Friday, December 15, 2006

On the importance of a good prose style

A good dinner, a martini, a quiet hotel room with a wireless connection, a good book, and a Blogger account. What more could I want after a long week in New York of work and visiting friends?

So, as I've said before on this blog, I'm unlikely to enjoy a novel if I don't approve of the author's prose. The sentence, after all, is the first evidence I have by which to judge an author, and a writer who can't figure out the difference between a good sentence and a bad one is necessarily suspect. There are exceptions (see Jones, James), but usually what I want to know about a writer is, first of all, can he or she write?

The prose I like most straddles a fine line between careful observation and too much aestheticism, describing the world the way it is with near-perfect precision while not drawing attention to itself at the expense of the described. It's a product of continued, careful attention to the details that make up life and the language available to us for describing those details. At its best, such prose serves simultaneously to provide the background in which characters are placed for our contemplation and to convey a sense of those characters themselves. The following description of Dr. David Melrose, from the first page of Edward St. Aubyn's Never Mind (1992, collected in Some Hope), is a good example:
In his blue dressing gown, and already wearing dark glasses although it was still too early for the September sun to have risen above the limestone mountain, he directed a heavy stream of water from the hose he held in his left hand onto the column of ants moving busily through the gravel at his feet. His technique was well-established: he would let the survivors struggle over the wet stones, and regain their dignity for a while, before bringing the thundering water down on them again. With his free hand he removed a cigar from his mouth, its smoke drifting up through the brown and gray curls that covered the jutting bones of his forehead. He then arrowed the jet of water with his thumb to batter more efficiently an ant on whose death he was wholly bent.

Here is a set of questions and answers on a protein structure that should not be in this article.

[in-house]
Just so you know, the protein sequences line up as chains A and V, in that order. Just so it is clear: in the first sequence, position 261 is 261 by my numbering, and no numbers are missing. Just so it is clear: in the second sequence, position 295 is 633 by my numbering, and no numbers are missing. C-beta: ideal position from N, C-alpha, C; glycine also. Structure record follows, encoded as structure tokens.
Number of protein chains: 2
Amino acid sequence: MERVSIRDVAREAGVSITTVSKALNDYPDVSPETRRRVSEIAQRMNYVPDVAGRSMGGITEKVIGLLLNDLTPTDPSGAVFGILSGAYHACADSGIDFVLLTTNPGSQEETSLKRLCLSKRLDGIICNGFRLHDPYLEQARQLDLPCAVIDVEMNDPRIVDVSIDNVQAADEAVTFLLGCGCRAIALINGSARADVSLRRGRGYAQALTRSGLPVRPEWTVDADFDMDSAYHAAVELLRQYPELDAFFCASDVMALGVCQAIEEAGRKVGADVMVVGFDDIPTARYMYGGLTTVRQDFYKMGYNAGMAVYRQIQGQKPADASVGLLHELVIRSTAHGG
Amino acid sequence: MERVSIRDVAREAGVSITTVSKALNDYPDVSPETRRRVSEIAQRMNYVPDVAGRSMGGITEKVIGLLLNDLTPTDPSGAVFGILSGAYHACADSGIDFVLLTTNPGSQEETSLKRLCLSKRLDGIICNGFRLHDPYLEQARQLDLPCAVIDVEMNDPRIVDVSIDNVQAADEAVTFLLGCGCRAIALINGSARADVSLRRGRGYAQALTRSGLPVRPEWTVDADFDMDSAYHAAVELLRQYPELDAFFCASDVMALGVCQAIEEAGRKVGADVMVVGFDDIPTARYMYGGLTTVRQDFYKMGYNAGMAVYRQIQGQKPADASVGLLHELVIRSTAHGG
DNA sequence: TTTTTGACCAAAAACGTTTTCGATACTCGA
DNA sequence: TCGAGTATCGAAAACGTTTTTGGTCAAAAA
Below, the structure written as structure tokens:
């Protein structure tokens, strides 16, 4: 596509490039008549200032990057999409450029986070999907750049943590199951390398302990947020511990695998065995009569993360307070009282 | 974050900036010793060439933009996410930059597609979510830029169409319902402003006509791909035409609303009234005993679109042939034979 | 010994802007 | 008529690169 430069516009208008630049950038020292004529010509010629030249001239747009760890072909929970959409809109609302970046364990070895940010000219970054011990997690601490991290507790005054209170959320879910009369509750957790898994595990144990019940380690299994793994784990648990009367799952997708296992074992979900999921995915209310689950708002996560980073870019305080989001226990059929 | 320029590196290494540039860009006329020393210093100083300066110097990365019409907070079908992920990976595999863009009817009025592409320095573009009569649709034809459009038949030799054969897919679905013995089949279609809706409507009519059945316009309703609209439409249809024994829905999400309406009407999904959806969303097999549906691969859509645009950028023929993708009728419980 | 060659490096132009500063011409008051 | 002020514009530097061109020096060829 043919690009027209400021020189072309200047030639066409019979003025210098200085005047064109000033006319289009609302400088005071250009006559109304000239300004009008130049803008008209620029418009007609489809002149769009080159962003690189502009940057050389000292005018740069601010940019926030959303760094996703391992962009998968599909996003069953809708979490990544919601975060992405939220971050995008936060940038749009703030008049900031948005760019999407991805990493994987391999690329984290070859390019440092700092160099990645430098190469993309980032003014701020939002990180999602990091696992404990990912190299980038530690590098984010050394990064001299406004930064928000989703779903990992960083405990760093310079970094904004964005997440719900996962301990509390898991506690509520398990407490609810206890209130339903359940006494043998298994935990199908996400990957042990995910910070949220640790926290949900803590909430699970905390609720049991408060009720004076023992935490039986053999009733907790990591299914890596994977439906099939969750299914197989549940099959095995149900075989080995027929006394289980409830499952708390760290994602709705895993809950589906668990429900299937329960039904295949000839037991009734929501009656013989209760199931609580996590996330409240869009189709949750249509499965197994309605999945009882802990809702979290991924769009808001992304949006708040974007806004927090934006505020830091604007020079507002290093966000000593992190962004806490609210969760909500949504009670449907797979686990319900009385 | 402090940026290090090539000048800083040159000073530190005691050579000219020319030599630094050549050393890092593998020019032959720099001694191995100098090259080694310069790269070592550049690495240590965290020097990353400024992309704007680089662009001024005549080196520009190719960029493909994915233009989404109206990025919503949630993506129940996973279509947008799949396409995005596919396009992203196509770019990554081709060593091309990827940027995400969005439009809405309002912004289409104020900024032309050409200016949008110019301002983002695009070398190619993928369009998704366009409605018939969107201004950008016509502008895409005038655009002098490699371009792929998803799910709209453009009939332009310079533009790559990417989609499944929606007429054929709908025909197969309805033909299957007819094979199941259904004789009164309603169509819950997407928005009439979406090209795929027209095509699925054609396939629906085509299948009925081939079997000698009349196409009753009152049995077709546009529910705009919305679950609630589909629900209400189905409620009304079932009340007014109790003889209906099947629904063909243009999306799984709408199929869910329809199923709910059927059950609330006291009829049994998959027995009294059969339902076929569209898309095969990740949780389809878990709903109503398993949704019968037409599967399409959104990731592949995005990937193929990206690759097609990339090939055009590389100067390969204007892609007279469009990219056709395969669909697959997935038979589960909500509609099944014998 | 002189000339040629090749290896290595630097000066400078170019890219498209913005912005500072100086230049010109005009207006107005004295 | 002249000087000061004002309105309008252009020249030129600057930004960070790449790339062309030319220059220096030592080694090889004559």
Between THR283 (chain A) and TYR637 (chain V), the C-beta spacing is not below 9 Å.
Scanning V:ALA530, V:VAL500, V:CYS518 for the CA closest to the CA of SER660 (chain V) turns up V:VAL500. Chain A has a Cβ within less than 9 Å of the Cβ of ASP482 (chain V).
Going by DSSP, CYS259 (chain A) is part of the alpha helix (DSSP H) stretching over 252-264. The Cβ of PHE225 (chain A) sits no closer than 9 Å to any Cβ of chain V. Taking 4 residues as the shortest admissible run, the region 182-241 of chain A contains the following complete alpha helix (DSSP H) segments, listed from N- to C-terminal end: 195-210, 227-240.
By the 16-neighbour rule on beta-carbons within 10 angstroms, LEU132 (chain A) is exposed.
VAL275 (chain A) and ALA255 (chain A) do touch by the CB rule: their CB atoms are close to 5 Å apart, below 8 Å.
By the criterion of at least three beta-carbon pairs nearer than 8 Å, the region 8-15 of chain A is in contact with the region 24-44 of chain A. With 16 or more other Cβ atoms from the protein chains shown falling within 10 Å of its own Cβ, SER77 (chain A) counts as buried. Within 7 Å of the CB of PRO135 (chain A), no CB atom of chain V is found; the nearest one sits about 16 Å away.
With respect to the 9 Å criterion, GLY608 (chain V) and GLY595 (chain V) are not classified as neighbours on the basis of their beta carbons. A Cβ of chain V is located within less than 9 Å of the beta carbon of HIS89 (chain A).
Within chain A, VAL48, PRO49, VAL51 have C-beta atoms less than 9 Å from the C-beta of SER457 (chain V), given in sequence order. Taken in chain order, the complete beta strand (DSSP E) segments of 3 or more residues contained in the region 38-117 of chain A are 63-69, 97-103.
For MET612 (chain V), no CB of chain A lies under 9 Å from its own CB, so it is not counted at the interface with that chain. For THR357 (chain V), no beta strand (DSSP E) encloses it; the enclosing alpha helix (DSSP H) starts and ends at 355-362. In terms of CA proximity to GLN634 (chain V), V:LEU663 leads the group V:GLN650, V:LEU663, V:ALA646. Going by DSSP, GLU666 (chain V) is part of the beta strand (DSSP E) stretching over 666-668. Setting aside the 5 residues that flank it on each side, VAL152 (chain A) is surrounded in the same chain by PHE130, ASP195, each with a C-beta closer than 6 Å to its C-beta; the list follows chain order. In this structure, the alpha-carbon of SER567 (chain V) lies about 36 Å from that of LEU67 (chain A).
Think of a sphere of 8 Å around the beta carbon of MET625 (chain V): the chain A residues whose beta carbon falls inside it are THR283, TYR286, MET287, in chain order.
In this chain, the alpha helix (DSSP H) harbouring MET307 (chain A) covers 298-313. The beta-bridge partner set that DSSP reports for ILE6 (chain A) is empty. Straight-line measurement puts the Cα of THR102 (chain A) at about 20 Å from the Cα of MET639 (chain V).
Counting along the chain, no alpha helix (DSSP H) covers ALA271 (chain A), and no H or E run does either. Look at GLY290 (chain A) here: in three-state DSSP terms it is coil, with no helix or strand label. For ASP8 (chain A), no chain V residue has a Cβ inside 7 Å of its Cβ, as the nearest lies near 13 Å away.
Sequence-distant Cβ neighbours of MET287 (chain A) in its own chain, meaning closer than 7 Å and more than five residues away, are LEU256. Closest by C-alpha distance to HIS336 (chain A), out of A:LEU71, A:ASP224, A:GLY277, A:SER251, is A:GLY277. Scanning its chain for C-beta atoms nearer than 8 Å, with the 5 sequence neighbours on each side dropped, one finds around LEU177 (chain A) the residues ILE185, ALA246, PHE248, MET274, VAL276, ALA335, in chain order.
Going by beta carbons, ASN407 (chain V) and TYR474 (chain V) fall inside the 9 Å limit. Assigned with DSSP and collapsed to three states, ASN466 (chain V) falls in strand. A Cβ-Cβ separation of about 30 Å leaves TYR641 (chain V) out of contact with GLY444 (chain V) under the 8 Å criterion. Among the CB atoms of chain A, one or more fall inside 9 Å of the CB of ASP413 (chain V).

Now, any half-competent high school English student could explain what St. Aubyn is conveying about the man--a doctor--in this paragraph, but that makes the achievement, concise and pointed, no less impressive. St. Aubyn has chosen the right details and the precise words in which to convey them. And it's not a matter of picking particularly unusual or erudite words, but of using words in a way that, in a sense, allows them to realize their full potential. Technique, struggle, thundering, arrowed, batter, wholly bent: these are not unusual words, but they are unusually well-chosen, creating an indelible picture of intense, almost finicky cruelty. Again, it's a matter of attentive observation of the world--or, in this case, of careful imagination of a character and how he would manifest himself in the world--followed by equal care applied to the words in which those observations are presented.

That sort of precision is the basis for the odd melding of minds of which the best reading consists, that sense of a real encounter with a previously unknown person who, through their prose, is showing you how they see the world. Encountering such clear evidence of care and intelligence in the first pages of a novel creates the trust that allows me to lend essential credence to the author's ideas about life and human relationships; I want to know what the author thinks because his prose has convinced me that those thoughts will repay the time I invest in them.

Further, in satire of this sort that trust, in turn, allows the author . . .
And yet, to Eleanor, David had seemed so different from the tribe of English snobs and distant cousins who hung around, ready for an emergency, or a weekend, full of memories that were not even their own, memories of the way their grandfathers had lived, which was not in fact how their grandfathers had lived. When she had met David, she thought that he was the first person who really understood her. Now he was the last person she would go to for understanding. It was hard to explain this change and she tried to resist the temptation of thinking that he had been waiting all along for her money to subsidize his fantasies of how he deserved to live. Perhaps, on the contrary, it was her money that had cheapened him. He had stopped his medical practice soon after their marriage. At the beginning, there had been talk of using some of her money to start a home for alcoholics. In a sense they had succeeded.
. . . to sink the stiletto with absolutely bloodless, surgical precision.

St. Aubyn seems to have the asperity, the cruel, unblinking honesty, of Waugh or Saki or Dawn Powell. Oh, I think I've found an author I'm going to really like.

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